Jean-Eric Vergne

An unusual friendship between two team rivals

When it comes to qualities, one feature of Formula E is that, in contrast with other race series, there are also close friendships between team colleagues, even though in motorsport a team mate is usually seen as the first competitor to beat. That’s because a race driver’s performance can always be precisely measured against that of the only other driver on the track who is in the same team and is identically equipped. This comparison makes friendship between a team’s two drivers impossible. Or perhaps not? Although Vergne and Lotterer are now both in the lead and battling it out for the title in both the ABB Formula E Championship as a whole and the voestalpine European Races (in reverse order), their friendship remains as strong as ever: “Obviously there’s no reason to change anything,” says the Frenchman about his partner. “Nothing can come between us, and nothing will change our friendship. We both have great respect for one another, and that’s all that counts. Even though things can change very fast in Formula E, and clearly you never know what will happen. But just being so close in the rankings doesn’t change anything.”


Andre Lotterer currently leads the voestalpine European Races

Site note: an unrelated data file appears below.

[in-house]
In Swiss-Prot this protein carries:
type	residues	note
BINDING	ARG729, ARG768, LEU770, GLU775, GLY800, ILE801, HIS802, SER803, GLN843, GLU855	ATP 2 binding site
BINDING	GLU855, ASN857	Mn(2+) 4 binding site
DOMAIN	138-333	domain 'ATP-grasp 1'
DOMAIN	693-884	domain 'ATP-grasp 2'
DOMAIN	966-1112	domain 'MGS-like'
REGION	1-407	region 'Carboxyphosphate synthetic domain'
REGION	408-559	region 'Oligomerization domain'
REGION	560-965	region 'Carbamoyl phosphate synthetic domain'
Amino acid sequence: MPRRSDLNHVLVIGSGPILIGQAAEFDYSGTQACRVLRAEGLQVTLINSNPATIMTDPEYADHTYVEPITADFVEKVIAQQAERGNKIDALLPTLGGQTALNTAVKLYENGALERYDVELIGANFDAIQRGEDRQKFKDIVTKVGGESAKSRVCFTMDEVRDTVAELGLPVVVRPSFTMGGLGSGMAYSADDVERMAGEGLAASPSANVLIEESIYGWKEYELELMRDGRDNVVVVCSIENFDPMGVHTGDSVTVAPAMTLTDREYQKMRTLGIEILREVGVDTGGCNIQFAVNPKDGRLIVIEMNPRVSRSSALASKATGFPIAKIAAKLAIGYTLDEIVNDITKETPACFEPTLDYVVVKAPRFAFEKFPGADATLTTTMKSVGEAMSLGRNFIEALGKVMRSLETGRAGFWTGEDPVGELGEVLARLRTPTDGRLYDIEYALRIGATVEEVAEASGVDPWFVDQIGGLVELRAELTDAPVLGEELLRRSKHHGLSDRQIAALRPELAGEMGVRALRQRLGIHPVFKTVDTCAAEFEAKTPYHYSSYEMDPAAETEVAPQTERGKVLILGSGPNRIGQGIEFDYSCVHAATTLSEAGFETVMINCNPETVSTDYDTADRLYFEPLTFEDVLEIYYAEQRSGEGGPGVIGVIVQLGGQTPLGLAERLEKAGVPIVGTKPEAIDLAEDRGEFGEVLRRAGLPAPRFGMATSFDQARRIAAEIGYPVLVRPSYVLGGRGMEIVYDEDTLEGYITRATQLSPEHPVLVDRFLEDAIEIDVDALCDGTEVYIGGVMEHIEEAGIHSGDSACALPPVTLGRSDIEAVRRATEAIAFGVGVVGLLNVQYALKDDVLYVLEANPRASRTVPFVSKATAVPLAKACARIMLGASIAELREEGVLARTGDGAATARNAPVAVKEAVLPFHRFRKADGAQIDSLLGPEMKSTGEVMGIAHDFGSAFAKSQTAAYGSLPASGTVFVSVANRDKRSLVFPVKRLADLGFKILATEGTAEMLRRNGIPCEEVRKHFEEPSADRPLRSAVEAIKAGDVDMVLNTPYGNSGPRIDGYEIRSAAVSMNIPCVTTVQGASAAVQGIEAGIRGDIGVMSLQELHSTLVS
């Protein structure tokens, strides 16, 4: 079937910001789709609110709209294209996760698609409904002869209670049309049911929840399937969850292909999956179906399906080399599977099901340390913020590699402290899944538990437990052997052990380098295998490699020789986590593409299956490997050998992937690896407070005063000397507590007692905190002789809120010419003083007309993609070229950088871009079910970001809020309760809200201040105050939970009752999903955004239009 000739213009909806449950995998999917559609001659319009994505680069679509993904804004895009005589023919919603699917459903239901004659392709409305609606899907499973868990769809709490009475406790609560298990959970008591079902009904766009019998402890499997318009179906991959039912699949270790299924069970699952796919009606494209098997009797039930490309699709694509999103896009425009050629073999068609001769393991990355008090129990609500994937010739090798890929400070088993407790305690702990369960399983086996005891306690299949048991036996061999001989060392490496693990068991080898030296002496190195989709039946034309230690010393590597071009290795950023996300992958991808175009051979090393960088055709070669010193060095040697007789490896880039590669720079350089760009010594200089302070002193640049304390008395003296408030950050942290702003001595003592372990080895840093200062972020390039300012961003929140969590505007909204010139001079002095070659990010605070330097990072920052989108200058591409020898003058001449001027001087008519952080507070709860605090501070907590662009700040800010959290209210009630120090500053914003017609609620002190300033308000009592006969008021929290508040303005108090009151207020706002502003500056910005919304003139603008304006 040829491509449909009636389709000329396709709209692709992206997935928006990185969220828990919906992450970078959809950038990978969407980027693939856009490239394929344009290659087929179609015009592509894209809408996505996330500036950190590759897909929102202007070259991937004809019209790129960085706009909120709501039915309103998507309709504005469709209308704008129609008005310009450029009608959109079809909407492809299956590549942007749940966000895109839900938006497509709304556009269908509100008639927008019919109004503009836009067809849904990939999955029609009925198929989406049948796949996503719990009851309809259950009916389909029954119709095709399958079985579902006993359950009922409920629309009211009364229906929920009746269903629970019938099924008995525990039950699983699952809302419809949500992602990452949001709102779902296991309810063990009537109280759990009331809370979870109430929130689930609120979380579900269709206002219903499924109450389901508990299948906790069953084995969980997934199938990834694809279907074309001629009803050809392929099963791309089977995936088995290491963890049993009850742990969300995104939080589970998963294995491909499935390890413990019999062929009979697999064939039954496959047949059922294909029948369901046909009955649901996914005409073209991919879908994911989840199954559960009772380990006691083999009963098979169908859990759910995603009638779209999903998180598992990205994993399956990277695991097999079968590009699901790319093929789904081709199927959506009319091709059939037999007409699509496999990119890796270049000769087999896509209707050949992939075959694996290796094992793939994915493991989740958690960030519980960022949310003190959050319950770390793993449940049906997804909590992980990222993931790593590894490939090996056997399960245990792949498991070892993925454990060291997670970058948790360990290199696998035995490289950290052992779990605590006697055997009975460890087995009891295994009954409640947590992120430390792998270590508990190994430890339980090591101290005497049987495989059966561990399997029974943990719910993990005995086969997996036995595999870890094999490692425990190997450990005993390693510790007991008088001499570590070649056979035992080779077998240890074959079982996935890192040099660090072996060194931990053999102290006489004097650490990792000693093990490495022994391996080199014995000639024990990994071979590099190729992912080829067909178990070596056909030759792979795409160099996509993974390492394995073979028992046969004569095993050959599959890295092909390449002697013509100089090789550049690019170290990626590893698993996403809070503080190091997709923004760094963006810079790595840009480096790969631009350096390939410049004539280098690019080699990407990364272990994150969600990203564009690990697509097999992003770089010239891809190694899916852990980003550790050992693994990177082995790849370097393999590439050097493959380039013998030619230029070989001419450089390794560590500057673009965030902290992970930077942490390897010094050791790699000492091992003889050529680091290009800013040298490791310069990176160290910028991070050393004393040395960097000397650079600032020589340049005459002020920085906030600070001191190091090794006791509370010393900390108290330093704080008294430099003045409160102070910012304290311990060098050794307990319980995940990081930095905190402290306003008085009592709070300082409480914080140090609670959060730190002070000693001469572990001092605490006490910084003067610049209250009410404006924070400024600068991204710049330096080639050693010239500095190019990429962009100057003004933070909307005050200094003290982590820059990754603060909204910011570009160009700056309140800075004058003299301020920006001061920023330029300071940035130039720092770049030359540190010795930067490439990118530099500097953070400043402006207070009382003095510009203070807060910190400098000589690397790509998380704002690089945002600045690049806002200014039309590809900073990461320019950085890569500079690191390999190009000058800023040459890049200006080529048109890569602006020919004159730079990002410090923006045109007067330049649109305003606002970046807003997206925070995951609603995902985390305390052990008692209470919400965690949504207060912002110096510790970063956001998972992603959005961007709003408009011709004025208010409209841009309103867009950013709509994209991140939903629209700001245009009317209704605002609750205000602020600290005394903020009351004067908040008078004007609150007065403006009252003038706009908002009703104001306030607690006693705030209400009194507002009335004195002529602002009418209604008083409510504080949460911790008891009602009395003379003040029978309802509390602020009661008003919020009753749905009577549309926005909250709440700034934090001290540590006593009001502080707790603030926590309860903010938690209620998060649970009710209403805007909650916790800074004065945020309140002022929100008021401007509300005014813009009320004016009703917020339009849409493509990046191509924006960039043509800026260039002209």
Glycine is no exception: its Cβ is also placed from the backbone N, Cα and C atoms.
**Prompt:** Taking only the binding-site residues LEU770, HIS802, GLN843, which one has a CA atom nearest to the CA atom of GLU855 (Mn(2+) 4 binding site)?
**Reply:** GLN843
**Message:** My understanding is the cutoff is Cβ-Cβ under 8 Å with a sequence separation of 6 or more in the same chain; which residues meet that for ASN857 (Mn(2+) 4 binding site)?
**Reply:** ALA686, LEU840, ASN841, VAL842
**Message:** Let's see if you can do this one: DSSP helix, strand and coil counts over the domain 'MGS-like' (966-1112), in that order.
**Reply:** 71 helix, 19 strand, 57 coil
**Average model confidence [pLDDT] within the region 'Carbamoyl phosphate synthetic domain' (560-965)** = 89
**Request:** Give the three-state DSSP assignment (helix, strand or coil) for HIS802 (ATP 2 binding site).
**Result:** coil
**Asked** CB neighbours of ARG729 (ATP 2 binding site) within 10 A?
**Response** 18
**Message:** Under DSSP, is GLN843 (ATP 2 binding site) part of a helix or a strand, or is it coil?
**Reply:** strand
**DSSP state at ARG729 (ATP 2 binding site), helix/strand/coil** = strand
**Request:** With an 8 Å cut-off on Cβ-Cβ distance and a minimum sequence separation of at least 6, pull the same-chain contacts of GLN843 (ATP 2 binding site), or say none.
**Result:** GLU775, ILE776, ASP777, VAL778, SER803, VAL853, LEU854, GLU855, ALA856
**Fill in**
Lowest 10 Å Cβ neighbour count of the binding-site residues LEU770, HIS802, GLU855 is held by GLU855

The unknown hero of Formula E: Oliver Rowland

Eight different winners in nine races, yet one of the season’s heroes is British driver Oliver Rowland who has never won an E-Prix in his career. In Monaco, the Nissan e.dams team driver was awarded three additional points for the fastest time in qualifying, even though he was pushed back due to a penalty he accrued in the previous race. Rowland came in second, crossing the finishing line in Monaco even ahead of his famous team colleague Sébastien Buemi who, to that date, had remained unbeaten in Formula E racing in the Principality. With three pole positions this season, and 59 points despite a variety of technical problems, Rowland can be proud of his performance during his debut season (discounting a guest appearance in Punta del Este in 2015 as the replacement driver for Heidfeld at Mahindra), and especially considering he was not originally one of the 22 drivers nominated for this season. It was only after Nissan driver Alex Albon changed over to another series at the last minute that an unexpected cockpit place became free for the replacement driver Rowland. The Brit, champion of the 2015 Formula Renault 3.5 series, comes from the Renault junior program, and was placed third in the Formula 2 Championship in 2017.